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Pa. House passes $45.5B budget bill, now heads to governor’s desk

  • Ben Wasserstein/WITF
The House chamber inside  state Capitol building in Harrisburg on March 24, 2023.

 Jeremy Long / WITF

The House chamber inside state Capitol building in Harrisburg on March 24, 2023.

Correction: HB1300 proposed to amend the Pennsylvania election code. Gov. Tom Wolf vetoed it in part because, he said, the bill was crafted by lawmakers who supported the election-fraud lie that led to the Jan. 6 attack on the U.S. Capitol. Information in the original version of this story was incorrect.

The 2023-24 fiscal year has commenced.

The Pennsylvania House of Representatives voted to pass the annual state budget 117- 86 around 9:30 Wednesday night, five days after the deadline to do so.

The House had previously voted on the bill in June, but hours before the midnight deadline on June 30, the state Senate voted to amend the bill sending it back to the lower chamber.

House Appropriations Chair Rep. Jordan Harris, D- Philadelphia, introduced the bill, emphasizing its impact on education.

“$567 million increase to basic education subsidies, a hundred million dollars in level up funding, $50 million dollars for special education funding,” Harris said. “This represents the second largest increase for basic education since the 2015-2016 year.”

A key point of contention was the issue of school vouchers. The Senate amendment included approximately $100 million for a program to help pay for students to attend private or religious schools. 

Proponents said that would let students in areas without good schools travel to better ones. Critics argued it would take money away from public education.

Originally, Democratic Governor Josh Shapiro was in favor of the voucher program, but a report by SpotlightPa published hours before the House vote said he was exploring ways to scrap the program.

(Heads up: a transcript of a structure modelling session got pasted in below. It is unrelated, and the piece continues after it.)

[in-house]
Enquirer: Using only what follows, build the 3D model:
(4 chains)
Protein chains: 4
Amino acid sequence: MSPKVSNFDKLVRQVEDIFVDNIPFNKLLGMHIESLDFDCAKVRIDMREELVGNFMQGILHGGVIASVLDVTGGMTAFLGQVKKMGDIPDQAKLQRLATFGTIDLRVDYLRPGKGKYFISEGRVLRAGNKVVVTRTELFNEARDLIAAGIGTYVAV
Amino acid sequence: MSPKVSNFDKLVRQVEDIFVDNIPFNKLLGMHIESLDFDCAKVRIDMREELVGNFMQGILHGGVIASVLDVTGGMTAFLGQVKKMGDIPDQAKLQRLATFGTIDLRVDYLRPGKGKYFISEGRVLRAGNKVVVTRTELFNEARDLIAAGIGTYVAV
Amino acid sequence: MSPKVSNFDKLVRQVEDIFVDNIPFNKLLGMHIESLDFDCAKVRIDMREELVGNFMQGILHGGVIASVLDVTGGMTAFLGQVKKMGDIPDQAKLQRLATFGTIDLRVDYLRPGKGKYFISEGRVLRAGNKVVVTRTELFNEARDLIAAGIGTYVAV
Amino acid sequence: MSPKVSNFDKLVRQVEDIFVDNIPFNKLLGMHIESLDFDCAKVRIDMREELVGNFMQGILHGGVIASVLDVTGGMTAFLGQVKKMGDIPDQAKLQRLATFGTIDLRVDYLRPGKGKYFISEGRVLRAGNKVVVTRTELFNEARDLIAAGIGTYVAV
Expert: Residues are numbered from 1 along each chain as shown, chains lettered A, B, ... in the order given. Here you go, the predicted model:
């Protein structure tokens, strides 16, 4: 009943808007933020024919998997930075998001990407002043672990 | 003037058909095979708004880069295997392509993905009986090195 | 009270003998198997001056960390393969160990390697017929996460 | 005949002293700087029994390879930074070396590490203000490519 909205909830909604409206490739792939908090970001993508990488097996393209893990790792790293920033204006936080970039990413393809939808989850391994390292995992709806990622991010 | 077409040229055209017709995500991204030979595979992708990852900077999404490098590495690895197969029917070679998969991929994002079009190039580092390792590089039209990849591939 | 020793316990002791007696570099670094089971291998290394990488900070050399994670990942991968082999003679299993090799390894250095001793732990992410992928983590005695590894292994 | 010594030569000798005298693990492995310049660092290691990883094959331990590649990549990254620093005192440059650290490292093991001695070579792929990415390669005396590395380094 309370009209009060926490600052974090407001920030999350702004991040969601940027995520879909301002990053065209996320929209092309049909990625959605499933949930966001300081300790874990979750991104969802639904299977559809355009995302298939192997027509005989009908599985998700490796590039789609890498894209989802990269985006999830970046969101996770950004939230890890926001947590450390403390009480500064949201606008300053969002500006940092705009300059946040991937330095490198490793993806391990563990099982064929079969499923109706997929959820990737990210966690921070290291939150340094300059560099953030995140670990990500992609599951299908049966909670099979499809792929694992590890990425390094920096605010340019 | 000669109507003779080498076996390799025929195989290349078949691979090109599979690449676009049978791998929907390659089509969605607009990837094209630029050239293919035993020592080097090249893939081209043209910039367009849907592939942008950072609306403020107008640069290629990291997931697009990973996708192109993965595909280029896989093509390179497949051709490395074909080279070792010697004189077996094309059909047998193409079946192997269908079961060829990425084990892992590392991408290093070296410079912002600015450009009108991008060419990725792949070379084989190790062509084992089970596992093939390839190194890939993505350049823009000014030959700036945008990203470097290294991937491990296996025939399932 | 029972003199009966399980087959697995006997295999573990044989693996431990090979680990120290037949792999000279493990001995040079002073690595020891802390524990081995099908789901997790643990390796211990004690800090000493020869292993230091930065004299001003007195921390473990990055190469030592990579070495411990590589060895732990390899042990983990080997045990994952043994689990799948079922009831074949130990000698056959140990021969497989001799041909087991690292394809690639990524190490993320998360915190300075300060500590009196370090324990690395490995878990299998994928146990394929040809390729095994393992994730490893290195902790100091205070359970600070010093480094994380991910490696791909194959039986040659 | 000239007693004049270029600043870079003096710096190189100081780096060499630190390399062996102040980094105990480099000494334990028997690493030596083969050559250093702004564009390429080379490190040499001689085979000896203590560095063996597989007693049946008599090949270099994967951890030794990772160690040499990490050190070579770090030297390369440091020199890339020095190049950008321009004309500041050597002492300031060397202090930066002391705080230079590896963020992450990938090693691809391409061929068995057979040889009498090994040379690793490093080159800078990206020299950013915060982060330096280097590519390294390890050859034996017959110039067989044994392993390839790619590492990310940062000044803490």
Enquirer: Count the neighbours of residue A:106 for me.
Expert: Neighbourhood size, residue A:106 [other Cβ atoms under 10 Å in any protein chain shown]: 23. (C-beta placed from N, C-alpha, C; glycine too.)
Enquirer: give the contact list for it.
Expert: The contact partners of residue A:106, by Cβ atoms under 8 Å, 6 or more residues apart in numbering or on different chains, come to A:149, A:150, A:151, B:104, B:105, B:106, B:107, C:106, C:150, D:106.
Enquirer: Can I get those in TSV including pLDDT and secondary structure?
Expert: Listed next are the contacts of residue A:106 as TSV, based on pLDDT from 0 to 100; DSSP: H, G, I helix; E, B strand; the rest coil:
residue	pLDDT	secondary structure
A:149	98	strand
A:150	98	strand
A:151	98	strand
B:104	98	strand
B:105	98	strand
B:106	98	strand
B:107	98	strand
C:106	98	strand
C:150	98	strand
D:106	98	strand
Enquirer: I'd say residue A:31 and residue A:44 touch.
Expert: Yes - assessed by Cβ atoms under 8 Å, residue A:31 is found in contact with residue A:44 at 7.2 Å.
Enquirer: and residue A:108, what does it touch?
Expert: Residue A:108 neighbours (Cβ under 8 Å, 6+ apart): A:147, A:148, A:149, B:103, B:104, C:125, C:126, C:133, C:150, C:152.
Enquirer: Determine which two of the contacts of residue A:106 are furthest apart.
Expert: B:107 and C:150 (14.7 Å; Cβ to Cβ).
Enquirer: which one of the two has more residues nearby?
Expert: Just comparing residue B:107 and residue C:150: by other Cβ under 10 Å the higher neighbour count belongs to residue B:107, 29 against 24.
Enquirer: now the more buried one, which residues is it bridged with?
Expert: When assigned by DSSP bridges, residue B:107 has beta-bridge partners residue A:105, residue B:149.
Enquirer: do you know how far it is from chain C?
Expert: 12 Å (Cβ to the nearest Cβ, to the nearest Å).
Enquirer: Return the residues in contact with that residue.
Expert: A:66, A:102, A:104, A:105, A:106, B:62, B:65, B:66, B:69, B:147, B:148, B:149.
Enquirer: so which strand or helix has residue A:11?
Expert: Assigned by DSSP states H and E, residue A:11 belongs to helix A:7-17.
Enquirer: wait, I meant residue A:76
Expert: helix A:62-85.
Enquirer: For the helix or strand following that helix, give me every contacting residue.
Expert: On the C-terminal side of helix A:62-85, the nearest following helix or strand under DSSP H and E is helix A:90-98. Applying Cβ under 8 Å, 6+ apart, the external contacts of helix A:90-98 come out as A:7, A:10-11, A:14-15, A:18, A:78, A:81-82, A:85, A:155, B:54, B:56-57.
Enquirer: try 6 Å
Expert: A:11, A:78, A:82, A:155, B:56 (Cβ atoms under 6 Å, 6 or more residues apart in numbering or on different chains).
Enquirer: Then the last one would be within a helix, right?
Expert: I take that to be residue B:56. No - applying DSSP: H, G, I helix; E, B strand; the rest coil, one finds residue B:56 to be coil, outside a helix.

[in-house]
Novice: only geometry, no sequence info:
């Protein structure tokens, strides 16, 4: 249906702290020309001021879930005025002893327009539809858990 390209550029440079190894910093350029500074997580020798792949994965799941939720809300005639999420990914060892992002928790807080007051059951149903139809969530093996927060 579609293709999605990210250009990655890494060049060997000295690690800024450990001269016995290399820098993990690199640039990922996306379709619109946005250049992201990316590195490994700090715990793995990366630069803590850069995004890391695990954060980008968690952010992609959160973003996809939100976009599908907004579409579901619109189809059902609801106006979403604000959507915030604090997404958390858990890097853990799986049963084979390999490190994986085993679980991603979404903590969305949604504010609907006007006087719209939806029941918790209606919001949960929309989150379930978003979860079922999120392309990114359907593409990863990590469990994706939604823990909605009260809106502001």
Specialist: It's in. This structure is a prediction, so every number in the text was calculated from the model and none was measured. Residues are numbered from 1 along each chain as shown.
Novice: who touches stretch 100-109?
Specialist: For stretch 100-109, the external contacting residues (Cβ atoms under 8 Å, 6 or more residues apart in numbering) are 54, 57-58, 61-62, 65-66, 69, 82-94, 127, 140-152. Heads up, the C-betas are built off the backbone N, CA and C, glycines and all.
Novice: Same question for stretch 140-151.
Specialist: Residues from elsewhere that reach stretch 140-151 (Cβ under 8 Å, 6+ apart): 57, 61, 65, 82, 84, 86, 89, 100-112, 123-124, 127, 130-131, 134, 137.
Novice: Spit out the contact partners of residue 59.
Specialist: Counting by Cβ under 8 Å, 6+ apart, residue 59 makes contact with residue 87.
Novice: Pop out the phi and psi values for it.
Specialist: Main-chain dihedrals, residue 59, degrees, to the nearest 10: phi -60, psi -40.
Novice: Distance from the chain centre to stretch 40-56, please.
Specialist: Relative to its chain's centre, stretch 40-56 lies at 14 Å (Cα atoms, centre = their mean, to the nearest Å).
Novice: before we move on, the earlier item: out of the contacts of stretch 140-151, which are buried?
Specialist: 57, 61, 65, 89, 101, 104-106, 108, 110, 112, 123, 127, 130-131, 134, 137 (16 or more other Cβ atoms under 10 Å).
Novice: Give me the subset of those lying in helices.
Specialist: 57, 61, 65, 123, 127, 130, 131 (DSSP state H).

Later in the day, Shapiro confirmed the report and released a statement saying he would line-item veto the full $100 million, and that he did not want to prolong the budget debate.

“Our Commonwealth should not be plunged into a painful, protracted budget impasse while our communities wait for the help and resources this commonsense budget will deliver,” Shapiro wrote.

Democratic Rep. Maureen Madden, D-Monroe, who previously stated she would never vote for a bill with vouchers, signed on after Shapiro’s statement.

“I want to stand in support of HB 611,” Madden said. “And I’d like to mention that I’ve heard from many of our education advocates, and while they acknowledge that the House bill that we sent originally was a much better bill, they are happy with the funding of education in this bill, and because we’re trying to achieve equity.”

House Republicans, including Rep. Seth Grove, R-York, criticized Shapiro for going against his word.

“Backtracking on a handshake deal. If that’s the case, how do we move forward as a commonwealth? How do we trust anything anybody says in this body?” Grove said.

Grove previously authored a bill concerning the election process following the 2020 election. Then-Gov. Tom Wolf vetoed the bill, tweeting that the “lawmakers behind this bill are the same ones who asked Congress to throw out PA votes and whose lies directly contributed to the Jan. 6 insurrection.

Republican House leader Bryan Cutler, R- Lancaster, also criticized the bill.

“Shame on those who came up with a plan that put the desires of this institution and the inability to debate an issue ahead of the children that are trapped in failing schools,” Cutler said.

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